Today is the unofficial last day of summer for most Americans.
For many, school starts tomorrow and today is for barbeques, football and an extra day to sleep in.
But why? Why do we celebrate the labor force by not working? The roots of this holiday are rather dubious.
According to the Department of Labor website, the holiday was started by New York’s Central Labor Union in 1882 to celebrate the “workingmen.” More than 10,000 workers took this unpaid day off to march through the streets of the city from City Hall to Union Square.
Two years later, the official date became the first Monday in September. In 1894, Congress deemed it a federal holiday.
It was meant to celebrate the American worker as the backbone of “the creator of so much of the nation’s strength, freedom, and leadership,” according to the website.
While many people believe labor unions have gained too much strength nowadays, in the late 1800s during the Industrial Revolution, workers often worked 12-hour days, 7 days a week to earn even the most meager existence, according to History.com. Even 5- to 6-year-old children worked long hours for just a small amount, a fraction of what their adult counterparts would earn.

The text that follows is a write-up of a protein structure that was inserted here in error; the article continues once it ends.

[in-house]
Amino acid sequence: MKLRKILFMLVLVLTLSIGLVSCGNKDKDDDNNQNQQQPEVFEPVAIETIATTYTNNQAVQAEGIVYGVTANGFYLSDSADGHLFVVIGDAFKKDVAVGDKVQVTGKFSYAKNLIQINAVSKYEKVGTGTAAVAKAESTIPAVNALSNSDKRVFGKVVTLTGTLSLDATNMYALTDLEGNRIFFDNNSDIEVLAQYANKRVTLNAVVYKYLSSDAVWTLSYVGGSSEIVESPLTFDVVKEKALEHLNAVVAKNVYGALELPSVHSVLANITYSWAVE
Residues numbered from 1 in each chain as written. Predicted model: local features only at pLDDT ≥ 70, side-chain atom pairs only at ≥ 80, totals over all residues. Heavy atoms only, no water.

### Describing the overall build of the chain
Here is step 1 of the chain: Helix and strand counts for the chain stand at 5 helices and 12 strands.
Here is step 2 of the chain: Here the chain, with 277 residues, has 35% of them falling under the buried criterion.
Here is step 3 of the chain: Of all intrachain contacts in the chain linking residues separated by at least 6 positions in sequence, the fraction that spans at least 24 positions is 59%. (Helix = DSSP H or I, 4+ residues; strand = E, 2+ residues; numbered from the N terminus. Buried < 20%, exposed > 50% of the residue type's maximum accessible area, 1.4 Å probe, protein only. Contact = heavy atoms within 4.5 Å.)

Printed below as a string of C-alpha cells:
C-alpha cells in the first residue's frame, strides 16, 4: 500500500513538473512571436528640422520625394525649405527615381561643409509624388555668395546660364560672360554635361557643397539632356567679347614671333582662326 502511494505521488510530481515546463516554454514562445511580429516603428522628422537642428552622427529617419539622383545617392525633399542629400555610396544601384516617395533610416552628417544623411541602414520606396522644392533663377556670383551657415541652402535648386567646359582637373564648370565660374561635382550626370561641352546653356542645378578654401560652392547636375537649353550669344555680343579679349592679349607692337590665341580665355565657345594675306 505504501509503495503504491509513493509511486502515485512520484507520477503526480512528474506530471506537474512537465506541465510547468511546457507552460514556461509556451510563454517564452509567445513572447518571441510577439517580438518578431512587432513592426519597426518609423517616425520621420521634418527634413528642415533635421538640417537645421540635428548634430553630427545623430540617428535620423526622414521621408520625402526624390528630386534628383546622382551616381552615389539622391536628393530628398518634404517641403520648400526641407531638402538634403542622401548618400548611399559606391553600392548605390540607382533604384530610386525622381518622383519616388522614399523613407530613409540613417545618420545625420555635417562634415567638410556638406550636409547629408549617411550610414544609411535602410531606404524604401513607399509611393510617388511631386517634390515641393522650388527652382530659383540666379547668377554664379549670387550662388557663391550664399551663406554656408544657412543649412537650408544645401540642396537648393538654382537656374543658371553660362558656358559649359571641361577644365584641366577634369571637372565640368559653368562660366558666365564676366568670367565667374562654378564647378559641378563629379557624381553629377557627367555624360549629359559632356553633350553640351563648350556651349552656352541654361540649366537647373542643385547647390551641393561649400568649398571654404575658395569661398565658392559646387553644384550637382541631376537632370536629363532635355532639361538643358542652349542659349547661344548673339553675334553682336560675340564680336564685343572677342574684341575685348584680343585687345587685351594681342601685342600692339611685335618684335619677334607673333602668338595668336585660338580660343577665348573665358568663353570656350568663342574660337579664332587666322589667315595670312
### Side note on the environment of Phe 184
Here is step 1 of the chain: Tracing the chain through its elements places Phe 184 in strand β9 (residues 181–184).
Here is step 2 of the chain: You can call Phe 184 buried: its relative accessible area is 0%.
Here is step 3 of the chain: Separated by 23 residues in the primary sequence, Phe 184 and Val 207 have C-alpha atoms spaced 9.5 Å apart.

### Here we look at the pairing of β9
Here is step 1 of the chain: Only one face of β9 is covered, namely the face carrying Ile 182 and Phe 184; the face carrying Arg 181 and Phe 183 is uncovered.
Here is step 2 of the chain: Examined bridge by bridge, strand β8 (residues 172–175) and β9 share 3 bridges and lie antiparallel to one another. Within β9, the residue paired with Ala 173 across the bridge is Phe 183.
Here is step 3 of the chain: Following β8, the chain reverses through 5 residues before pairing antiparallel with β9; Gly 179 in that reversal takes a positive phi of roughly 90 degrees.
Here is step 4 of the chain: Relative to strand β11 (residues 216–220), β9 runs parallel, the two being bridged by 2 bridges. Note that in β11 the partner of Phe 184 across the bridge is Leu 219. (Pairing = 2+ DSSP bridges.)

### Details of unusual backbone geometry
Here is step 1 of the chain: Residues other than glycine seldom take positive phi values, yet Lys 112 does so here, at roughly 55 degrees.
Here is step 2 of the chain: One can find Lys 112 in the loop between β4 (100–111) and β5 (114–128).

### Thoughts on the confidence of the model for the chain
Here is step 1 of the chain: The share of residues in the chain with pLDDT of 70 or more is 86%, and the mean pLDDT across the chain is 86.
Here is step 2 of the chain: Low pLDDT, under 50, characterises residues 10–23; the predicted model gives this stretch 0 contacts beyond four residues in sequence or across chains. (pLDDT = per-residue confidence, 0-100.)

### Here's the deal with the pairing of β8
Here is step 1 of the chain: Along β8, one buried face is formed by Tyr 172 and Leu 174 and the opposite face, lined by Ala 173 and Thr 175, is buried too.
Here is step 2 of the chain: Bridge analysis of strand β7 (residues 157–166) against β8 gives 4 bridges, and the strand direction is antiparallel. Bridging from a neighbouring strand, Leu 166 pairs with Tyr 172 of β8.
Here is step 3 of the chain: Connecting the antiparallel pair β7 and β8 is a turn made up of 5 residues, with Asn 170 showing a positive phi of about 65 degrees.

Even then, the events associated with Labor Day often turned into violent protests, including the famous 1886 Haymarket Riot in Chicago, where several people were killed, including policemen. In May 1894, also in Chicago, troops were dispatched to break up a riot of the American Railroad Union outside the Pullman Palace Car Company. A dozen laborers were killed in this riot. Later that year, the “holiday” was made official by Congress.
So, while you enjoy friends, family and little barbeque, have a nice, violence-free day off and celebrate having a job, if you still have one.
Marijo Tinlin is the editor in chief of Family First, one of the oldest family-oriented websites on the internet. She is also the author of the new book “How to Raise an American Patriot, Making it Okay for Our Kids to Be Proud to Be American” available at www.raisinganamericanpatriot.com.